iTunes Match is a service that makes it easy for Apple’s customers to get their music into the company’s cloud, whether they originally bought it from iTunes or not. For about $25 a year, the service scans your music collection, maps it to Apple’s iTunes library, and automatically places high-quality versions of the songs into your iCloud account, making it easy to download them onto any device loaded with iTunes.
But if Apple can somehow detect illegal downloads, perhaps it could also delete them from a user’s library.
Forbes’ Parmy Olson asked Pirate Bay cofounder Peter Sunde for his thoughts:
[Sunde] says iTunes Match marks a big step towards consumers losing control of their media. The problem isn’t the $25, it’s that it doesn’t make sense to pay Apple, with its closed-source system, to gain access to music you’ve downloaded. More crucial than that, he says, is what that could mean for the future of sharing music. […]
Sunde’s other big worry is that some day, Apple might actively remove music tracks from your iCloud account which are deemed illegal. “They might say, you can’t do that, so you have to remove it,” Sunde says, adding that when your music is put on iCloud, Apple essentially owns that data, not you. It’s stored on their server, not yours. “So they [could] also decide which music you can’t have. That’s what you’re allowing in the future.”
Philip Elmer-DeWitt of CNN Money sees the situation differently, suggesting that the $25 fee every year is actually the cost of amnesty from record-label interference with pirates:
A one-time charge of $25 to convert up to 25,000 pirated songs to legal iTunes-plus quality copies is a no brainer. If [my kids] plan to continue stealing music, however, they’ll have to make a calculation at the end of the year. Have they collected enough new music to justify spending another $25 to bring them into the iTunes fold?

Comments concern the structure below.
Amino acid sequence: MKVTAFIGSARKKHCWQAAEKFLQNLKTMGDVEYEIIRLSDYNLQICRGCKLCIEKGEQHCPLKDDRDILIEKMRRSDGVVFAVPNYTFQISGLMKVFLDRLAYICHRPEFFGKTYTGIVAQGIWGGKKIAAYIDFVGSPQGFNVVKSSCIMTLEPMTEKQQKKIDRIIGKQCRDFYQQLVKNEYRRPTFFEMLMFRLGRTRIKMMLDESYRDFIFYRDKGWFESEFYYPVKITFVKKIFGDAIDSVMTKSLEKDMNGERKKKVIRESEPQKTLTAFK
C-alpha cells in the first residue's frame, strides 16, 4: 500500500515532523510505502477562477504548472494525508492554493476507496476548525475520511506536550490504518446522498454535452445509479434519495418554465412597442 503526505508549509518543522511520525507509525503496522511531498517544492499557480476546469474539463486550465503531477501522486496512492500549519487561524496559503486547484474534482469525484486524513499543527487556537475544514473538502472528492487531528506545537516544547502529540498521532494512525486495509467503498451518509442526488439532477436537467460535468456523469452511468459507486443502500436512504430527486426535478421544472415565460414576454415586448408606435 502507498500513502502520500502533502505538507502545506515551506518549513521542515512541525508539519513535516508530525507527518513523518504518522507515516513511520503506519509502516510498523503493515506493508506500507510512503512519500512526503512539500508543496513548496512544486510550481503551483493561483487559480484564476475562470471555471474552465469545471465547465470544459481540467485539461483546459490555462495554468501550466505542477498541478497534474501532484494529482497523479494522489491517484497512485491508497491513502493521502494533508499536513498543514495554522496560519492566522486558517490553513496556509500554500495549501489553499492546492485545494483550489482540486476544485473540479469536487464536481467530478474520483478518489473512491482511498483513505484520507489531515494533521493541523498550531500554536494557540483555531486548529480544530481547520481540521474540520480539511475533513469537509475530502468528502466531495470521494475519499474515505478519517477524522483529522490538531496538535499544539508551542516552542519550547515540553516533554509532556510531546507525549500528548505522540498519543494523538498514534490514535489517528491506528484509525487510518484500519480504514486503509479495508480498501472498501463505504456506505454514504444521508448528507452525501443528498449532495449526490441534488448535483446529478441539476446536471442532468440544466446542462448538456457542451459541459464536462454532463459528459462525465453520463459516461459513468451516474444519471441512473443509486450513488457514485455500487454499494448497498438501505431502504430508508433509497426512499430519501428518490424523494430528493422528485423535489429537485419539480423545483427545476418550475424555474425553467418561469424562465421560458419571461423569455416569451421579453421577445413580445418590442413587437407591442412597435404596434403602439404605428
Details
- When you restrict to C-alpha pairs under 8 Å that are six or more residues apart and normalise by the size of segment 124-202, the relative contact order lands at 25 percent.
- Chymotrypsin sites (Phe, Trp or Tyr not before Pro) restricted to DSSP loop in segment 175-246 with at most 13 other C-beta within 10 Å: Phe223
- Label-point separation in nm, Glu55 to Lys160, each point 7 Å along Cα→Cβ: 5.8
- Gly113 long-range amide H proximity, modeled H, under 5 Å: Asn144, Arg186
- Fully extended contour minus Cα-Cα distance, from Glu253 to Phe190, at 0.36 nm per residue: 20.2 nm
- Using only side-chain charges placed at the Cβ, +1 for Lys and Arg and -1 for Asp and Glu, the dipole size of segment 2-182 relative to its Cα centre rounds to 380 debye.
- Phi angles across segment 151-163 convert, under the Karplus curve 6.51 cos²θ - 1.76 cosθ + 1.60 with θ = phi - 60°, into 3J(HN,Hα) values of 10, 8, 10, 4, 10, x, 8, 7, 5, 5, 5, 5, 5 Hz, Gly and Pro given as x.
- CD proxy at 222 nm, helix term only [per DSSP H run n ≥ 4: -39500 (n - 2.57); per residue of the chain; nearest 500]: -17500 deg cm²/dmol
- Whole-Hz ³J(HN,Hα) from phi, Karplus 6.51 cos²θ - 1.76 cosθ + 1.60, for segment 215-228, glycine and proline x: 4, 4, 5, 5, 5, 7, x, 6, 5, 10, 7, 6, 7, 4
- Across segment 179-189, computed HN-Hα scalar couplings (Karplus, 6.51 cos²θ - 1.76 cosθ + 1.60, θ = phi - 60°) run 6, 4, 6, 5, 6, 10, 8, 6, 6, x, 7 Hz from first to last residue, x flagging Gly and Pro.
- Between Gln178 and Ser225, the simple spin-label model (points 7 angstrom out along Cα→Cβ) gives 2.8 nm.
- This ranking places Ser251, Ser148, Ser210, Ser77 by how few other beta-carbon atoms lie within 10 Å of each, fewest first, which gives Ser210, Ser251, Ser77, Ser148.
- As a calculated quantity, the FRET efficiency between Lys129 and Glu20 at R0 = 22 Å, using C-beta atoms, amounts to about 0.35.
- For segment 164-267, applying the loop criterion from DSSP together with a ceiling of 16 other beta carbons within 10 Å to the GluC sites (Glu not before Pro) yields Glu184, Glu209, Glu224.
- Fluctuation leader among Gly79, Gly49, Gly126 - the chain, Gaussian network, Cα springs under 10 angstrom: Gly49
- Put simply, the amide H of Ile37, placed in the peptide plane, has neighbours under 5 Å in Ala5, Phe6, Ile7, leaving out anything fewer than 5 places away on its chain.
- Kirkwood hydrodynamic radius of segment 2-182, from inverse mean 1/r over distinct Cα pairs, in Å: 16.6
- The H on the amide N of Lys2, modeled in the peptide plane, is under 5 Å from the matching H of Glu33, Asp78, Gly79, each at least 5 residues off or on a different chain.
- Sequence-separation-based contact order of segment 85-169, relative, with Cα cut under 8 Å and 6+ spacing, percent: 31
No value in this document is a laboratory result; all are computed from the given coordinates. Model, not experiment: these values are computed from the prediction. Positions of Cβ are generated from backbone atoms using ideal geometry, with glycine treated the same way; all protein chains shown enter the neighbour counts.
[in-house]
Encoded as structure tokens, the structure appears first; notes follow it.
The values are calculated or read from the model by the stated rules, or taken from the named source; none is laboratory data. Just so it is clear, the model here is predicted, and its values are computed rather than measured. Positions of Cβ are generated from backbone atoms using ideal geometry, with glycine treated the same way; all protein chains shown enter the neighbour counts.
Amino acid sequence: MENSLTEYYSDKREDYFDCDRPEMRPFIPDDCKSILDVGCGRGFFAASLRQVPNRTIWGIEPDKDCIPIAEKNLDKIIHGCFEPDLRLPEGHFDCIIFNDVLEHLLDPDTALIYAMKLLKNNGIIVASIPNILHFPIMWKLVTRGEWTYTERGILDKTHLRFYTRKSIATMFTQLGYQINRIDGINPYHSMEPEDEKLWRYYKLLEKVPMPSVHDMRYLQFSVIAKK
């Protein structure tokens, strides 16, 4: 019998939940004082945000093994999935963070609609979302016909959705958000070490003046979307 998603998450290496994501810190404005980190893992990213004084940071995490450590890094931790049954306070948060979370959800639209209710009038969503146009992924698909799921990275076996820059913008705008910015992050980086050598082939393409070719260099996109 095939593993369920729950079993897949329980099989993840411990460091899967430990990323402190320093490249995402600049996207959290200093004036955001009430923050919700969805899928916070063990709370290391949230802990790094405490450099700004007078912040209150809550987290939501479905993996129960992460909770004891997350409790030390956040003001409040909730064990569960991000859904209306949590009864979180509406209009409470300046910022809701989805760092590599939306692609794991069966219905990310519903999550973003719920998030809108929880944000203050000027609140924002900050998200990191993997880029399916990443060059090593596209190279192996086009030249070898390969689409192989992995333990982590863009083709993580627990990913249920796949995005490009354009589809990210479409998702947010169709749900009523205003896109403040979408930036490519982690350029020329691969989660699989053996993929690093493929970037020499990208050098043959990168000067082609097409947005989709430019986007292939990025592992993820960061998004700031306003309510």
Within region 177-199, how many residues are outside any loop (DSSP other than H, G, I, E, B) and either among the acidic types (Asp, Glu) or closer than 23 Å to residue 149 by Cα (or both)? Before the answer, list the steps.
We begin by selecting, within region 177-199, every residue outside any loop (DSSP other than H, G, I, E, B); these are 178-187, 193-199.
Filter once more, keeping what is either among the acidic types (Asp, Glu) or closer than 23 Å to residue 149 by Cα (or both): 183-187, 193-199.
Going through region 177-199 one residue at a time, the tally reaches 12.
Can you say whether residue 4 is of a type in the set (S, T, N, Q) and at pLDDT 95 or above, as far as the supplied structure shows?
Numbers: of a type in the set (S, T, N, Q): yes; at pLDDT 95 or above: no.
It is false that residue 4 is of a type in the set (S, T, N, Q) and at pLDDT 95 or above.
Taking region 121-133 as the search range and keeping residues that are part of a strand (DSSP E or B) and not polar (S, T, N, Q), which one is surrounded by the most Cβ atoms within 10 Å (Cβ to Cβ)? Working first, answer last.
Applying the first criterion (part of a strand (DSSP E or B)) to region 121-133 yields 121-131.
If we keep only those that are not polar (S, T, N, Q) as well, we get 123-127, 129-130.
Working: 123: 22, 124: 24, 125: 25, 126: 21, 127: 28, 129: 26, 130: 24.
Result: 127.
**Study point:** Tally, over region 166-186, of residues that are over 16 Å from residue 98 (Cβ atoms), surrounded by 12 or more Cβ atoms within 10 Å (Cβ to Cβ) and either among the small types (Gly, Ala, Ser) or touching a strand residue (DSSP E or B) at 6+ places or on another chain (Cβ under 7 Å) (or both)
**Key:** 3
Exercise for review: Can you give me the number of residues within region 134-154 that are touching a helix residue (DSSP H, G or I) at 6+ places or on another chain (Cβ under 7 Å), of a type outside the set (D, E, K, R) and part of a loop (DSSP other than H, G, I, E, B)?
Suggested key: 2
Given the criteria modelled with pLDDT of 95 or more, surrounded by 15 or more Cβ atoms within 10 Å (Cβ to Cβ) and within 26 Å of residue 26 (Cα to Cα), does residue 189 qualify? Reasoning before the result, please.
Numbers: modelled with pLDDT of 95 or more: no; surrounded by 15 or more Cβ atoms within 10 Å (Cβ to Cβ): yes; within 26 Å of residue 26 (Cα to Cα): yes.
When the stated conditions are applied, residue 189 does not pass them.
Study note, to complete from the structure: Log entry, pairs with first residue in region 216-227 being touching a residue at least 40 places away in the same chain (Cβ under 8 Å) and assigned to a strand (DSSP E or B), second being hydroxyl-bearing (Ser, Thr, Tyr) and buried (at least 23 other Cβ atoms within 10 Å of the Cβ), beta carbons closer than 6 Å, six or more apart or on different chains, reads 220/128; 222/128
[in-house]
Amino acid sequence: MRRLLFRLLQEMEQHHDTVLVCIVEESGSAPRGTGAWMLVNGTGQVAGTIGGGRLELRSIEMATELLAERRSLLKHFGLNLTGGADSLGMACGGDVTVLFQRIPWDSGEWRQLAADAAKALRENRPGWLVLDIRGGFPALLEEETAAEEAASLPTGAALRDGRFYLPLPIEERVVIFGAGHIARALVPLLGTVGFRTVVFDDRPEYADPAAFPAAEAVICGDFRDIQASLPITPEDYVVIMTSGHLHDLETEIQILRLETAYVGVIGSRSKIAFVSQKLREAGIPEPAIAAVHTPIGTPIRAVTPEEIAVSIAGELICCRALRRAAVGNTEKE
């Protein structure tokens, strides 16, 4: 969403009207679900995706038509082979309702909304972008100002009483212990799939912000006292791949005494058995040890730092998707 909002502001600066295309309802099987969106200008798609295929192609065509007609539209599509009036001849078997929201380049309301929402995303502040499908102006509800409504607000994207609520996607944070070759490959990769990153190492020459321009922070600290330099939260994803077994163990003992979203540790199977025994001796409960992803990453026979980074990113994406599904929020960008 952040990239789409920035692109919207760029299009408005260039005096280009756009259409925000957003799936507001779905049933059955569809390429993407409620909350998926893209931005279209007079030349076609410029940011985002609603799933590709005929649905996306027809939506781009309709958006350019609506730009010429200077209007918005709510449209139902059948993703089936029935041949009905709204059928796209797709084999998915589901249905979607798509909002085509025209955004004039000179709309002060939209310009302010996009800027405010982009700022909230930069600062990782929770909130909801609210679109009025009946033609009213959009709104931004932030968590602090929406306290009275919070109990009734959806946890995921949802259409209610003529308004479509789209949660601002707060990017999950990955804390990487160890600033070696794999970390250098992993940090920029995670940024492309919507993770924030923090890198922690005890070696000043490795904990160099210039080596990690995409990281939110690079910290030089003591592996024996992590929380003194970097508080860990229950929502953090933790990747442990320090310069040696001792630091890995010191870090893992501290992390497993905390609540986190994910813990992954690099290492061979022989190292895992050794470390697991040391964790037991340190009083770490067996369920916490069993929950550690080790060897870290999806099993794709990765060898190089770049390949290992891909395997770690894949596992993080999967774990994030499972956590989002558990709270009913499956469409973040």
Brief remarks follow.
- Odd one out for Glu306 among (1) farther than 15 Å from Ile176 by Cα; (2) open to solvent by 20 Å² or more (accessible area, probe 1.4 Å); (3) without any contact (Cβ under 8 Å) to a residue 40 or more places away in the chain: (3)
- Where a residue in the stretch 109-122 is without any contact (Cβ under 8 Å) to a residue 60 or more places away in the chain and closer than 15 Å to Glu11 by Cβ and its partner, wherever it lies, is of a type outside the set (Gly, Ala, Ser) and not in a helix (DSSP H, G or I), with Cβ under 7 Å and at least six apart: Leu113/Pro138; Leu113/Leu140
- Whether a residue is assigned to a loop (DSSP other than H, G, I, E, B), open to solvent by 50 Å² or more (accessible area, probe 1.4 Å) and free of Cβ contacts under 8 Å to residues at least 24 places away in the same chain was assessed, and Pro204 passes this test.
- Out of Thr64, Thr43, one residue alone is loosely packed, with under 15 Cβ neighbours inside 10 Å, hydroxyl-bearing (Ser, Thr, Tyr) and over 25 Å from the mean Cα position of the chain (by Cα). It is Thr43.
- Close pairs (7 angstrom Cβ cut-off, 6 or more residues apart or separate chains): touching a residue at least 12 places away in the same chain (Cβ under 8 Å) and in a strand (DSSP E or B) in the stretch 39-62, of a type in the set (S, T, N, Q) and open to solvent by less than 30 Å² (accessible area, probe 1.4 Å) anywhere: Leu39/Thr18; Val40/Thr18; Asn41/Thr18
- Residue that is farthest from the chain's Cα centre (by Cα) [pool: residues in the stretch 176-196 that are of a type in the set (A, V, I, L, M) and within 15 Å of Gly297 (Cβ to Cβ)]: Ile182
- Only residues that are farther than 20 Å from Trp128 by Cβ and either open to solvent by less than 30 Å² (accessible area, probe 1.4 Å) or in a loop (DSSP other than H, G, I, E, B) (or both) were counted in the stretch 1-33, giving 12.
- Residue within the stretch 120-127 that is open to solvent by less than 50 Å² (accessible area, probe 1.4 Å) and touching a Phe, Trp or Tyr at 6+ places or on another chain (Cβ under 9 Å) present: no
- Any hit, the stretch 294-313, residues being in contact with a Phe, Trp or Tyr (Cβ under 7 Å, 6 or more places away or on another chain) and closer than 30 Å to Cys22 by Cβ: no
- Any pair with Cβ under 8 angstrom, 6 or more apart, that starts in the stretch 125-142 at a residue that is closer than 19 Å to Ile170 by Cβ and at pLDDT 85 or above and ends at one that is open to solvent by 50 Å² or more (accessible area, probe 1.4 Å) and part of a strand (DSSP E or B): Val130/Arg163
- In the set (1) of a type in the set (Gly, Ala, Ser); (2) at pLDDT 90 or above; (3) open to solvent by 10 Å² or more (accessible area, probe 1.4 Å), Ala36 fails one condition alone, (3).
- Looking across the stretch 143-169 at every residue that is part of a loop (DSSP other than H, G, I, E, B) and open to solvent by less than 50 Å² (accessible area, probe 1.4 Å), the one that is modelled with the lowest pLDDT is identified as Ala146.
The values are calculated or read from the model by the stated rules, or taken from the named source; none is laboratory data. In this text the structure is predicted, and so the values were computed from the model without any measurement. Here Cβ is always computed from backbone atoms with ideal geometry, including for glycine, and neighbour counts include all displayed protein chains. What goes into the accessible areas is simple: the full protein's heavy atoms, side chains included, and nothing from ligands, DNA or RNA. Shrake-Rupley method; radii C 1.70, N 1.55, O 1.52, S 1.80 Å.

Ars Technica’s Chris Foresman says Apple is unlikely to get involved in policing pirated content one way or the other:
There doesn’t appear to be a reliable way for Apple to know for certain if a particular song has been pirated—barring certain metadata that could be easily stripped out—so really the only benefit is that low-quality rips get replaced with high-quality rips.
Even if Apple doesn’t police tracks, however, its deal with record companies may mean that they get paid royalties on the tracks it pulls into the cloud, according to a report ahead of the announcement by the New York Post:
The music companies will divide the fee with Apple, with the tech firm taking a 30 percent cut, 12 percent going to music publishers, and the rest to the labels to divide with their artists.
In some cases, this means that labels and artists are getting paid for pirated tracks; in others, they’ll get paid twice for a song a user bought once.